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The day book. (Chicago, Ill.) 1911-1917, April 16, 1913, Image 14

Image and text provided by University of Illinois at Urbana-Champaign Library, Urbana, IL

Persistent link: http://chroniclingamerica.loc.gov/lccn/sn83045487/1913-04-16/ed-1/seq-14/

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away official protest he called his
relatives to the "palace a" brother
from his village" postoffice and two
sisters pimple womeii f roni " their
peasant home:;.
Gltfdly andfankly he 'welcomed
the gondoliers if onuthe lagoons when
they came to visit their patriarch .and
wept tears of joy when listening
On His Throne.
through a long distance telephone he
heard the bells of Venice chiming-
Venice, the- city of -his love -and early
work! .
Pius X was not as great as'Leo XIII
was great. But the.poritificate bf tife
present is" impressive in" an ageof.
Industrial revolt -The- holy father is
great because he saw church govern
ment, from. the, standpoint of the
worker. Hispapai decrees have'been.j
designed to qjieet the needs and the
limitations of the peopie.. He has(
eliminated the elaborate and expen
sive chanting from the religious serv-r-ice,
diminished the cost of building
individual churches, sternly forbade r
entrance offerings aid unnecessary
collections. He relieved laborers uk-j
der the strain of providing for their
families, through the work of the bod
ies from the necessities iof" custom
decreed vfastk
"People who -work; need "food," de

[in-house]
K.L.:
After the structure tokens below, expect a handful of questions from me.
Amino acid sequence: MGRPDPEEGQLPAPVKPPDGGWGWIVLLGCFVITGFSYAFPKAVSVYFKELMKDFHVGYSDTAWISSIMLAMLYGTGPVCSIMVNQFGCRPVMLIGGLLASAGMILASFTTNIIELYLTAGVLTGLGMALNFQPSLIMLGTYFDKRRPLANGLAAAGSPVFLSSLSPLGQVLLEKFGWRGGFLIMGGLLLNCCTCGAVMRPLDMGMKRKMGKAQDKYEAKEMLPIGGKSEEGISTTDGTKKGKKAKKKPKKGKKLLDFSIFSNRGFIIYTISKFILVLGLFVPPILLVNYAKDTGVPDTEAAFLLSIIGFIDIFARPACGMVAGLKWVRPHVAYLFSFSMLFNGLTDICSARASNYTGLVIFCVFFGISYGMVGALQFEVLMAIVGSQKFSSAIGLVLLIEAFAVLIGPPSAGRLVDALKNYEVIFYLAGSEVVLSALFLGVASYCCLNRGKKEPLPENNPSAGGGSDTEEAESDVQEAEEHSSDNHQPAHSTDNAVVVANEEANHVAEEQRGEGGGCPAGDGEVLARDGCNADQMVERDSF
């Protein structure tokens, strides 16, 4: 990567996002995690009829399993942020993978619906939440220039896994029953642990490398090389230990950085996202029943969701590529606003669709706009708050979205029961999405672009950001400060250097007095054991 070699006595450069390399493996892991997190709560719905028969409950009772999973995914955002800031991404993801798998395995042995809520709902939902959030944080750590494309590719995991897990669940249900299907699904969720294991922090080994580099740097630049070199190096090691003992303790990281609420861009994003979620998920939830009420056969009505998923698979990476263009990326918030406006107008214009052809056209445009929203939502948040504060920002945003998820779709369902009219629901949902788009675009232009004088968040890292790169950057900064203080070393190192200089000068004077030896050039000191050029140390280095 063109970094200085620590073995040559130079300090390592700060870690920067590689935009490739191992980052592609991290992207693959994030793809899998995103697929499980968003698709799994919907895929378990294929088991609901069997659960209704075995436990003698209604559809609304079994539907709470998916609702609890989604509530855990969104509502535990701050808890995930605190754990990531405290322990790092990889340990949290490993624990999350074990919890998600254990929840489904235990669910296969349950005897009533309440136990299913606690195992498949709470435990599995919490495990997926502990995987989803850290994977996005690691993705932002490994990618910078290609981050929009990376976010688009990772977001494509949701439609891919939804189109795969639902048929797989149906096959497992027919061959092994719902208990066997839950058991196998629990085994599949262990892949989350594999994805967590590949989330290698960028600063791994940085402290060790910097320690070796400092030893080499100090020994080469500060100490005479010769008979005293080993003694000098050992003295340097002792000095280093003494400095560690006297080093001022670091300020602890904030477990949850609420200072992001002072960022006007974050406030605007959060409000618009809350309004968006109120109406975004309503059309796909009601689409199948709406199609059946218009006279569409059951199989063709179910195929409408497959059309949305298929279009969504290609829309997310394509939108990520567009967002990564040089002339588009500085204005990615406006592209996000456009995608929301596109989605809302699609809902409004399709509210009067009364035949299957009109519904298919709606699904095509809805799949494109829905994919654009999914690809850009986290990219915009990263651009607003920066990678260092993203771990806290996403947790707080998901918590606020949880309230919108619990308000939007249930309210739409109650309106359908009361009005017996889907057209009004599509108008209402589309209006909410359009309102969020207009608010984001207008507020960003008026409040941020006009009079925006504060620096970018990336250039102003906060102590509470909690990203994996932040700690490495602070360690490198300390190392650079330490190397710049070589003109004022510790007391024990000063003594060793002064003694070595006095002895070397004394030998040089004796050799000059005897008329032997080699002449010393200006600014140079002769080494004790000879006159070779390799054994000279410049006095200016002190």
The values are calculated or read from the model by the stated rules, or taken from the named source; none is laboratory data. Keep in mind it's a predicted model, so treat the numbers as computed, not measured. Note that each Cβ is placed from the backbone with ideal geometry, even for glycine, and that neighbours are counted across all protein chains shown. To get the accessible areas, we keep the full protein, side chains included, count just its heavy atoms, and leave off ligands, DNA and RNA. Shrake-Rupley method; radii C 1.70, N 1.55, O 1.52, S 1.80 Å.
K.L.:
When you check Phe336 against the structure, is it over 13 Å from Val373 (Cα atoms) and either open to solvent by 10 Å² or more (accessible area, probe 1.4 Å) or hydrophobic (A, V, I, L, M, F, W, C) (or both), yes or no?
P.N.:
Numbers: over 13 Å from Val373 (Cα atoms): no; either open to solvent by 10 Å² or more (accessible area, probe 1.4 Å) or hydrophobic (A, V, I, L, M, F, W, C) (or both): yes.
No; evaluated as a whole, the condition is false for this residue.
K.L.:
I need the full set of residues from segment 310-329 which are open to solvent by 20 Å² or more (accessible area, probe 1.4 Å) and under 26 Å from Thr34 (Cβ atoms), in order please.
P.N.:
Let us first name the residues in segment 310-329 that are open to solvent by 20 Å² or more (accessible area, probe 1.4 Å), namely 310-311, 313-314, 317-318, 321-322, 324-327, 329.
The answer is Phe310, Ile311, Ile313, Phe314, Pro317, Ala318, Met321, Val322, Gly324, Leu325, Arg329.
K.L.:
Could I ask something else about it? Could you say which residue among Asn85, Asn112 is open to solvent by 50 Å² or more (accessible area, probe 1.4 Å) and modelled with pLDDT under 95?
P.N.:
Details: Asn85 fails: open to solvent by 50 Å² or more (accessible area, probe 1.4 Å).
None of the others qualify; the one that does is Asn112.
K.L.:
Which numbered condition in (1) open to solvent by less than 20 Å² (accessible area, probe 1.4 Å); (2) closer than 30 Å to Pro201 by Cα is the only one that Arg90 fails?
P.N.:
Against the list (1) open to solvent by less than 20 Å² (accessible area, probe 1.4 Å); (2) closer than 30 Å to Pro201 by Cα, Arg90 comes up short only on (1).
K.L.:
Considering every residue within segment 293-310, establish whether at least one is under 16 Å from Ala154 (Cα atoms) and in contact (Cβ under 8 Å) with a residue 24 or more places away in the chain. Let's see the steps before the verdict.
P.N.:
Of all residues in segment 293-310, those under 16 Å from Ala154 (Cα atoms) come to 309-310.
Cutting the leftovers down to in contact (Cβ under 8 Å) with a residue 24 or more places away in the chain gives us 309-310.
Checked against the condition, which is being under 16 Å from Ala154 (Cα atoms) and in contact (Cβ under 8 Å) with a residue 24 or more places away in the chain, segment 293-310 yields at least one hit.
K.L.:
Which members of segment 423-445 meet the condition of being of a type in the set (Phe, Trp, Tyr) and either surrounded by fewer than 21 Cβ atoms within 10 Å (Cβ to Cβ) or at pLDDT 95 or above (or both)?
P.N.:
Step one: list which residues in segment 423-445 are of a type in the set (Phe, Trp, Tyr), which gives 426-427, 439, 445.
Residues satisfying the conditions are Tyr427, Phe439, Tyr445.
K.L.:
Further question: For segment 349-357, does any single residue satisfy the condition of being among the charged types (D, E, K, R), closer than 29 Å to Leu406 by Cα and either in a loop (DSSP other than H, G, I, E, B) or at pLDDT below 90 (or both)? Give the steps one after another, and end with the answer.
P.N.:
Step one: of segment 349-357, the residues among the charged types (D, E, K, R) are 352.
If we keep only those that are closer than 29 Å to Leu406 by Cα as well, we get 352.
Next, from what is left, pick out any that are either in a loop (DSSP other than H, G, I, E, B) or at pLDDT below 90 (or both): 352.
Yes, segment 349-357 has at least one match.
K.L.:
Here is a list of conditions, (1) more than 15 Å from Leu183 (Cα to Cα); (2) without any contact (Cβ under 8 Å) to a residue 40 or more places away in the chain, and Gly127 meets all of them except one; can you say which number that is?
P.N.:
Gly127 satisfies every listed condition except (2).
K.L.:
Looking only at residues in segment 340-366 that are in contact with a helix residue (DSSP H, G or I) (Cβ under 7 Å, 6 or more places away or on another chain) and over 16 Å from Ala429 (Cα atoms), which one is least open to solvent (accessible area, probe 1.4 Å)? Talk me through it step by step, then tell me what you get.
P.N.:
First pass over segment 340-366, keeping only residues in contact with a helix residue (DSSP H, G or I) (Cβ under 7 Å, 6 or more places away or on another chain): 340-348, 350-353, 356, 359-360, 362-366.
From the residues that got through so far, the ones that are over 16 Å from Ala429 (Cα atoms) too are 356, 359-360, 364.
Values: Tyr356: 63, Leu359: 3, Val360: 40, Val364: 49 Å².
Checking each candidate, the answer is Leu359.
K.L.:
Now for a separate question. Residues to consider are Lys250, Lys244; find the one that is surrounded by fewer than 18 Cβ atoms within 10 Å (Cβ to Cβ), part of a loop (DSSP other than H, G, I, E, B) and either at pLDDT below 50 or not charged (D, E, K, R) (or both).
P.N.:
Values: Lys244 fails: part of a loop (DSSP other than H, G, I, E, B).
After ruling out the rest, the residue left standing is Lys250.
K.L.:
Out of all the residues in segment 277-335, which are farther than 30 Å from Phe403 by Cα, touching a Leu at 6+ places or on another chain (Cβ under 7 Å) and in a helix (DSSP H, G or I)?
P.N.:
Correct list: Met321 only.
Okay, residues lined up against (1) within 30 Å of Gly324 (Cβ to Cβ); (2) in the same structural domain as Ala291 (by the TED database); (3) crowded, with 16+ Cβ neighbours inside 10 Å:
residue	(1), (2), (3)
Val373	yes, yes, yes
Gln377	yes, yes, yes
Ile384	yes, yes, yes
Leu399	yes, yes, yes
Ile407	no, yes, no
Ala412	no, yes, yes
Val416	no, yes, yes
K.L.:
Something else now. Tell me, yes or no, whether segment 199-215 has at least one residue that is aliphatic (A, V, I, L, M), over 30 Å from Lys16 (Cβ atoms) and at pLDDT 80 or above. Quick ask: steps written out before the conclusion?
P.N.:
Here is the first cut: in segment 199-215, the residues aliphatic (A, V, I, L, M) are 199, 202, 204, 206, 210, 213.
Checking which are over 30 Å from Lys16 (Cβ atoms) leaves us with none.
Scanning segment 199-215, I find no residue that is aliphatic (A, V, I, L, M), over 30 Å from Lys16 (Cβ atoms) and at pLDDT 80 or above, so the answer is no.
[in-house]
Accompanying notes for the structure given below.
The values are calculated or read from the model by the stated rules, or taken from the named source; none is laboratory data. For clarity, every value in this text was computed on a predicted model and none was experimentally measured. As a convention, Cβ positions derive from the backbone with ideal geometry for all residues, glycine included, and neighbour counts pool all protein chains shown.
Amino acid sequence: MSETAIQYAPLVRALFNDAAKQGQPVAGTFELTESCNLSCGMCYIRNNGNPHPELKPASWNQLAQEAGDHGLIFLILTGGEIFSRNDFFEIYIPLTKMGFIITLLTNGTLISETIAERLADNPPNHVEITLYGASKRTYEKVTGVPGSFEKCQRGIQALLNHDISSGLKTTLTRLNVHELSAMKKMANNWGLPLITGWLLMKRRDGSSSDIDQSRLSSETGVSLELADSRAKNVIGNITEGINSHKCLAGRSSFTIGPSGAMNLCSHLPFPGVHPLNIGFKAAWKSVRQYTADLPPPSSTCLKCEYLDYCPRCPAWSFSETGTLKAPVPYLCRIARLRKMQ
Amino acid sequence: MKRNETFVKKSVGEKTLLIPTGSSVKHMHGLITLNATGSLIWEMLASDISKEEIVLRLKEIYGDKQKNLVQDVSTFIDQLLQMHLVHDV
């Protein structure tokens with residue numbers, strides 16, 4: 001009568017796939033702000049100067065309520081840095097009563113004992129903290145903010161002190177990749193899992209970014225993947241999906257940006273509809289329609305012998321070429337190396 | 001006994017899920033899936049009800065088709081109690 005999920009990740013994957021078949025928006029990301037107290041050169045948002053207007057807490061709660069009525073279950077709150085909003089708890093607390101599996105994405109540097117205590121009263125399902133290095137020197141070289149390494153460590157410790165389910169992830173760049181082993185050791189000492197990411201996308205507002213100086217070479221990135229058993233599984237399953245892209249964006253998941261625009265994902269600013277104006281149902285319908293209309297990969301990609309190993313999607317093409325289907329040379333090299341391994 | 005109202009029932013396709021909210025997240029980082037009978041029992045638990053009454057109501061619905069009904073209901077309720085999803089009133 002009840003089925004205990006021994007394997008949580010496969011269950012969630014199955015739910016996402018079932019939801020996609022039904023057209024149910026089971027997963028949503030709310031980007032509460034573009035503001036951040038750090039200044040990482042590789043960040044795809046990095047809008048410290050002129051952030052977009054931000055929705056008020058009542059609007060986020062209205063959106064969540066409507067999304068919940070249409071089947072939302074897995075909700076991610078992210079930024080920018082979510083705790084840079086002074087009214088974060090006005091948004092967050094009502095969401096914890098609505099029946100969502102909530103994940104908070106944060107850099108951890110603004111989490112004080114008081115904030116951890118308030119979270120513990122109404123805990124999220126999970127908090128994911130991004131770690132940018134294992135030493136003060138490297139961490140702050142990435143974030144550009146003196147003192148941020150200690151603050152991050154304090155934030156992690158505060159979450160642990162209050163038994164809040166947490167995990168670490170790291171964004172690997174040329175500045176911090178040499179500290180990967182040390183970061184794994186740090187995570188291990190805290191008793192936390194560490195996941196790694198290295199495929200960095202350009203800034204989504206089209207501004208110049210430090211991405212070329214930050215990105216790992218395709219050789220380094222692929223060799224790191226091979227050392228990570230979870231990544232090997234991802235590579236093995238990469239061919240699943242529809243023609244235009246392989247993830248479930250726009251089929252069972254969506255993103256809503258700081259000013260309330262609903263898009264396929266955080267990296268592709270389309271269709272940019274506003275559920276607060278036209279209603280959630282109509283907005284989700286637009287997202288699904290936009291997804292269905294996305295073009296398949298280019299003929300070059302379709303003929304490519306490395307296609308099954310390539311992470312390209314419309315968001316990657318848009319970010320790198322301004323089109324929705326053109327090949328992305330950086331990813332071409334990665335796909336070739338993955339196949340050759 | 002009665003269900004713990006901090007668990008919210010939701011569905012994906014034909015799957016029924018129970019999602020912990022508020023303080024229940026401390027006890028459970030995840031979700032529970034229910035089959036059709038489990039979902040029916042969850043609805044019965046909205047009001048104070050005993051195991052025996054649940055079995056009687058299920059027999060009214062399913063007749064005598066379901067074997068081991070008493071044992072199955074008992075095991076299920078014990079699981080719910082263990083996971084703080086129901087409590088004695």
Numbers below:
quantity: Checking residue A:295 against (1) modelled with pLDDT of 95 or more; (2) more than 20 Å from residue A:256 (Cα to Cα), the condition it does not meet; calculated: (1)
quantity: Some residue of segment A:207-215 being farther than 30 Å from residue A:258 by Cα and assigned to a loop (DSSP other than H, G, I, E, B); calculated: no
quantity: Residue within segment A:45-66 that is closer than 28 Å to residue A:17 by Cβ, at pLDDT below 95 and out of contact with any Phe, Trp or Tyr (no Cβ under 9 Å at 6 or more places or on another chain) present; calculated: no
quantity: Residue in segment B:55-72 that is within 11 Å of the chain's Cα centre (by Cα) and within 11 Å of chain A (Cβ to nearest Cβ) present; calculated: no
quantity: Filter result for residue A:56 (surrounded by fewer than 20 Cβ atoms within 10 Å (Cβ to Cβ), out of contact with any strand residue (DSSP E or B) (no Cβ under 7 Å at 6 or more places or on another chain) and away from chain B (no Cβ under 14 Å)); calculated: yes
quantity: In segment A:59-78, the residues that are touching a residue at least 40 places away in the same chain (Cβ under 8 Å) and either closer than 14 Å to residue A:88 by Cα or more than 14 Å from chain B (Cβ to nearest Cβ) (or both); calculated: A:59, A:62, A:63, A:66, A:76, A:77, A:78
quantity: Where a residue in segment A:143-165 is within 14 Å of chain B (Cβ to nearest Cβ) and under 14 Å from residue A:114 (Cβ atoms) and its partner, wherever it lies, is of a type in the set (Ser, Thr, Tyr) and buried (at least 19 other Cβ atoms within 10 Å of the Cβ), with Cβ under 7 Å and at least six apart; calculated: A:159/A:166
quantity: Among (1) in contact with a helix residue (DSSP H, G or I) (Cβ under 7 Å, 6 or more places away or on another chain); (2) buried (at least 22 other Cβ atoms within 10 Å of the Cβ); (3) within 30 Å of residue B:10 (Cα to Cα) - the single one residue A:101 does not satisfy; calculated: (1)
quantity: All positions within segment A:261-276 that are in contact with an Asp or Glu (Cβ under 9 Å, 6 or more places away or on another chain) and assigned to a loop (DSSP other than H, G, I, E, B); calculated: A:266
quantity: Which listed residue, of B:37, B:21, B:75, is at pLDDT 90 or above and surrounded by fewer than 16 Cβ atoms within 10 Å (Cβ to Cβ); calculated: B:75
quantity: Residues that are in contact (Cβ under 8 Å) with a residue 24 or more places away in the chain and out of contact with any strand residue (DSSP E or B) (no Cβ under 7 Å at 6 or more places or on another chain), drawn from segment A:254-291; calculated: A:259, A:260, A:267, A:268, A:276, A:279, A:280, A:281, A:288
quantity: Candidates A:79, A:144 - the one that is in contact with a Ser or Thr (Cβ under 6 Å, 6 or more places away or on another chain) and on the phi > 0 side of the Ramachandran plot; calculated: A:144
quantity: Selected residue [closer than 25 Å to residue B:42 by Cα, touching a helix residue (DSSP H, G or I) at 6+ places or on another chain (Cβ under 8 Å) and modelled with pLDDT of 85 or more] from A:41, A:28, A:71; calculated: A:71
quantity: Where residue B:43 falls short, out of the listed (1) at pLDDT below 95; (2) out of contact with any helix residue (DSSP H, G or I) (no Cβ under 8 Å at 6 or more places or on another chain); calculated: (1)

clared the ipeople's Pope.
Whoever; saw the .Pontiff saw .a
MAN. "5hen" I saw him facie -to, face
I knew:f had seeira MAN.' A gentle,
pious, earnest, simple-souled peasant. "
He was not tall, -and age,; ff etting a;
frame that was never robust, left it .
significantly,BlIght. His white crown
ed head was benign in outline! schol
arlyin breadth of brow. 'His eyes
were clear blue, the blue of an- inno
cent child's eyes, but singularly ob
servant. His lined', stern, hand's were
peasant's hands, refined by lack of
manual "though they iyere.,
His manner was fatherly, kind, -'
sometimes a little quizzical, as
though the fripperies .surrounding his
office, viewed from his common
sense, touched his sense of humor.
But his smile was a revelation. To
see it-was to know how much'sterling S
honesty of purpose attuned with no.
matter how great a worldly experi
ence, may preserve a childlike inno
cence.. To look at him gave one a sense
of purity, .of whiteness, the snowy
dress, the pale gently waving hand;
the -rather long whitehair' and the:
fatherly face that seemed, even whiter
than the Pope's rohes. '
. A. determined sincerity of purpose)
a, will to do right in spiteof, all ob
stacles, was shqwh'in the face. Tp
this one adds the ever present look.
qU paternal concern for struggling,
souls' 'that were his to guide anil

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